Exciting news: on August 6, 2015 the judge in preliminary relief proceedings of the Court of The Hague ordered a pan-European injunction based solely on misleading comparative advertising. This may be the first time that this has happened in Europe.
The case was between two competitors in the field of optical measuring instruments for professional use by ophthalmologists, optometrists and opticians: Oculus and I-Optics. Oculus contended that several of I-Optics' advertisements were misleading. These advertisements were published on I-Optics' .com website (which targets the international market) and had been used in material that is distributed at international trade fairs in which I-Optics participates. The software installed on the products concerned has considerable influence on their performance. I-Optics' had inter alia compared its product with an Oculus product with obsolete software installed. The court found that some of I-Optics' comparative advertisements were indeed impermissible. Based on the unlawfulness of the advertisements, the court ordered a prohibition of the advertisements throughout Europe. The court reasoned that the law regarding comparative advertising has been harmonized in Europe, and that as a consequence the advertisements must also be deemed impermissible in other European countries:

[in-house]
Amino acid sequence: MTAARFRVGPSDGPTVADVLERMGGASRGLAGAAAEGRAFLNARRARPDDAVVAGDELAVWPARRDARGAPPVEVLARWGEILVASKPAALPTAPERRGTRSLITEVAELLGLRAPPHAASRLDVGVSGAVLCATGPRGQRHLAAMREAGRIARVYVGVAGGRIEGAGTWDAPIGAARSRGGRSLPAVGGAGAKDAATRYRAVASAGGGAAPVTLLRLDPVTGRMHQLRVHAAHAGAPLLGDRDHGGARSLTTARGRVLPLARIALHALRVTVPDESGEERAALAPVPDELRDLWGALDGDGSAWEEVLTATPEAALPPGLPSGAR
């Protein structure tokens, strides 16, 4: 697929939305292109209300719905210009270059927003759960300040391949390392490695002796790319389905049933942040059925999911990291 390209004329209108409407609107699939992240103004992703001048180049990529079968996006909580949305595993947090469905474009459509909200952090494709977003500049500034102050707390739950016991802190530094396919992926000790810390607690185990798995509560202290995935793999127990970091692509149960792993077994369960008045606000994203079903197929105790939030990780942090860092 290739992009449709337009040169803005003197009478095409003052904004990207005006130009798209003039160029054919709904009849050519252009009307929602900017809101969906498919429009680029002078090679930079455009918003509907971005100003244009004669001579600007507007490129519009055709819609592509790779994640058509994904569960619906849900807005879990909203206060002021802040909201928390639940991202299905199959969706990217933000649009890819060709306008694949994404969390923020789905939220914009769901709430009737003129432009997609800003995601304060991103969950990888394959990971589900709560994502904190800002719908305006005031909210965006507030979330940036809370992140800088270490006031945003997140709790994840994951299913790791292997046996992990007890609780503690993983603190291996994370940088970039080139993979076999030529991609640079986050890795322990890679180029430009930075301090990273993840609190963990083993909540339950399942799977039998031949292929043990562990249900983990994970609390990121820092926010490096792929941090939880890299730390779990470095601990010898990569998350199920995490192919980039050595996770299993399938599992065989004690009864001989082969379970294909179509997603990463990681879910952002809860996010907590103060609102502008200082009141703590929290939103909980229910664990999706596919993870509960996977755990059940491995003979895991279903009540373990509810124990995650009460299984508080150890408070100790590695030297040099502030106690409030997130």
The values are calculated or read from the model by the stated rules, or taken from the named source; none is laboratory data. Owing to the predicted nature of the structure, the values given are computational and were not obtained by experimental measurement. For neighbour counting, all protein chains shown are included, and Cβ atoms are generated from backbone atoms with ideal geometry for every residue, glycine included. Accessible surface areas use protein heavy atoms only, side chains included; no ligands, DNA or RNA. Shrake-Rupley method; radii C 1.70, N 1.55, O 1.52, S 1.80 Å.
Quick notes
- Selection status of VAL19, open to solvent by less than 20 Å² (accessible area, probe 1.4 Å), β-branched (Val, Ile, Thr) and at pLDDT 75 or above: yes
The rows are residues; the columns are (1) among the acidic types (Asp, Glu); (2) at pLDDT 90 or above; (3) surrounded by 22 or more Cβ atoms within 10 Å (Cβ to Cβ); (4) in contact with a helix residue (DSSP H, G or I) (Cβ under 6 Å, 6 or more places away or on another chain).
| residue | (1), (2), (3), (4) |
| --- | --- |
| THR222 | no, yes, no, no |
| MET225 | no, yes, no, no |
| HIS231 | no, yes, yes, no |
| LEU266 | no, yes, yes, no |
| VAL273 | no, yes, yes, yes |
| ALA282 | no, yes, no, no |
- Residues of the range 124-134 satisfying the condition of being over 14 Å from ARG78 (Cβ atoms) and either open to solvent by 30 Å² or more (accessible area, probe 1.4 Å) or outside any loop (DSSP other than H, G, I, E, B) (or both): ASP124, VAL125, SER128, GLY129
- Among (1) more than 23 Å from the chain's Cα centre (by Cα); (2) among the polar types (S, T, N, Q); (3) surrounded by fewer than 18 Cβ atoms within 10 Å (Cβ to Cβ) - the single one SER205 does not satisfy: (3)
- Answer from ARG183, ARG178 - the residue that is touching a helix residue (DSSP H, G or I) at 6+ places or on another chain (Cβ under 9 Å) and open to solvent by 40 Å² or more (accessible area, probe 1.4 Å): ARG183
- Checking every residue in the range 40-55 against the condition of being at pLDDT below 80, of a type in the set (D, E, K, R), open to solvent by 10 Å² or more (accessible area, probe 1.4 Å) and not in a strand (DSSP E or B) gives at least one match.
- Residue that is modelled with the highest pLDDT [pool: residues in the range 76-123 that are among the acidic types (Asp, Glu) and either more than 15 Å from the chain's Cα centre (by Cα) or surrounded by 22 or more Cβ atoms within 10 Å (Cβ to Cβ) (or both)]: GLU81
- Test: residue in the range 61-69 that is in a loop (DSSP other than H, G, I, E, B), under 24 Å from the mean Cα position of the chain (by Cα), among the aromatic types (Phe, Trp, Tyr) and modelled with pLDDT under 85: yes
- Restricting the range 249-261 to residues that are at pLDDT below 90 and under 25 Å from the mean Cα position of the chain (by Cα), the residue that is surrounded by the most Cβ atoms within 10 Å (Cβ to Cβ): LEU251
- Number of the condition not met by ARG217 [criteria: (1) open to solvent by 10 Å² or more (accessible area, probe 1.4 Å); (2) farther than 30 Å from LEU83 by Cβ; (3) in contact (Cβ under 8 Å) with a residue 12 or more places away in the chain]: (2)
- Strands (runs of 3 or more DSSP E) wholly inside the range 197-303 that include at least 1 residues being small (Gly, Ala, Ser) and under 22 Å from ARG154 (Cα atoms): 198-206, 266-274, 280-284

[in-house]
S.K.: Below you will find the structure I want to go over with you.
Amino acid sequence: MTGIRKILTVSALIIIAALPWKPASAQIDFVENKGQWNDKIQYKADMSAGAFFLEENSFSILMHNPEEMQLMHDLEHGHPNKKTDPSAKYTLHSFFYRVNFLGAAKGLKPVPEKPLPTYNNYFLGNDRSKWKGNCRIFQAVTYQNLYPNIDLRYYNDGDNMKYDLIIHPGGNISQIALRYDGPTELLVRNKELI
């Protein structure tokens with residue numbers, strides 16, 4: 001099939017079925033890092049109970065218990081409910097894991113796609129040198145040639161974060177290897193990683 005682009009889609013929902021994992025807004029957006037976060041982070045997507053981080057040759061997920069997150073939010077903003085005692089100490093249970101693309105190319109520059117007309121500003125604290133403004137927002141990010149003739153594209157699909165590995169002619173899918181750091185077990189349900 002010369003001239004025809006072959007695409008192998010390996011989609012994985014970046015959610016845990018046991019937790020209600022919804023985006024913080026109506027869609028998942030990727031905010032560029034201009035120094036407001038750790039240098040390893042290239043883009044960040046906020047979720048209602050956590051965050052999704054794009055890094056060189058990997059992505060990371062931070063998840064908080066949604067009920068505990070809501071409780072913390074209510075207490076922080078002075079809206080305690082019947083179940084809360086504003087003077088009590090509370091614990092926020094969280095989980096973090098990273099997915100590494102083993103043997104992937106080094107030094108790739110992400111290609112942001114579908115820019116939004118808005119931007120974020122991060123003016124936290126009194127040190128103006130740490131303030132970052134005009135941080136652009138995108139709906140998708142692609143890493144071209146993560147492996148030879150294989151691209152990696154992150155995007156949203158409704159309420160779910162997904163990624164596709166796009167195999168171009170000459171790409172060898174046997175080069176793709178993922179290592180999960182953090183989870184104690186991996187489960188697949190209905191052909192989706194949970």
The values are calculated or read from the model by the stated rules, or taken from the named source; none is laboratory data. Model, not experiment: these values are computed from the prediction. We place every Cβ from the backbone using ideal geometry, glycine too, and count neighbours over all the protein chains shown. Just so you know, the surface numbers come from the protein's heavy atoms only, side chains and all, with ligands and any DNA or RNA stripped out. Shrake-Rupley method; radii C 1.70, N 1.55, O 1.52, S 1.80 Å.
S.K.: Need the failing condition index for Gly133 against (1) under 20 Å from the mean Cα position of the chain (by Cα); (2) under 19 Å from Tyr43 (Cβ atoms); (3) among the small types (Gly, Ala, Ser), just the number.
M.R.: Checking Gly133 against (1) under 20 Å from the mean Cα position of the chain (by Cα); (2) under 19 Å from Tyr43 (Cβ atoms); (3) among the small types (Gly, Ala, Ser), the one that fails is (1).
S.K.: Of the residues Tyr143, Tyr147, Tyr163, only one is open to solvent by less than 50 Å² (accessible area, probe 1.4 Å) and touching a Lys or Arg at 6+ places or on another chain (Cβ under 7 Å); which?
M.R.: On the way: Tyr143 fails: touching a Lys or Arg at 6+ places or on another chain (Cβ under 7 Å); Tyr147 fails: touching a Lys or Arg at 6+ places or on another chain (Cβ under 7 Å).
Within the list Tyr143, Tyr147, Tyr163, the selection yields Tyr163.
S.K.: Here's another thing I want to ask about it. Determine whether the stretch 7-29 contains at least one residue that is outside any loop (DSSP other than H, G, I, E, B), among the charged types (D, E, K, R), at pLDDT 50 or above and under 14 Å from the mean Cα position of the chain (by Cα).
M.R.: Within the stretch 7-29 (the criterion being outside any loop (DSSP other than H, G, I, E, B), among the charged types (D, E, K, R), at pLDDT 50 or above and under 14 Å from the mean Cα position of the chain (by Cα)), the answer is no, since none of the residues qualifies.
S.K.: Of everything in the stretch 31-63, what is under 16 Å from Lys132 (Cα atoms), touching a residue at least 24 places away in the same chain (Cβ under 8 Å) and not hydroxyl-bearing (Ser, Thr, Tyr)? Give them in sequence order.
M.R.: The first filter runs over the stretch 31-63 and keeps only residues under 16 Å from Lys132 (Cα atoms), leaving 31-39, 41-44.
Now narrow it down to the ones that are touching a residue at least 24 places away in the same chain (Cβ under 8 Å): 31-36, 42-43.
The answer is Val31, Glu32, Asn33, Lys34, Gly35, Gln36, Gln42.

In view of the above, initially Oculus' claims can be awarded to the extent that they are based on the impermissible character of Advertisements I, II, IIIa and IIIb. Given that the law regarding comparative advertising has been harmonized, it can be assumed that Advertisements I, II, IIIa and IIIb must also be deemed to be impermissible in other EU Member States. Thus, a prohibition throughout the entire European Union as claimed by Oculus can be awarded, as well.
The judge in interlocutory proceedings (...) orders I-Optics to refrain from Advertisements I, II, IIIa and IIIb within the European Union, determining that this order will commence one week after this judgment has been served.
The court also ordered a two month rectification in English on the homepage of I-Optics' .com-website with the following text:
We have suggested that Cassini offers superior precision, trueness and accuracy compared to our closest competitors. By judgement of 6th August 2015 the District Court at The Hague has preliminarily ruled that we cannot substantiate that claim and has forbidden us to further make this claim.
Dutch courts were already rather (in)famous for assuming competence to order injunctive relief that has effect in other Member States of the European Union. The Oculus / I-Optics judgment brings that reputation to a whole new level in respect of advertising cases. When it comes to stopping unlawful international advertising campaigns across Europe, the Netherlands is now a one-stop-shop. Fast, relatively cheap and highly effective.
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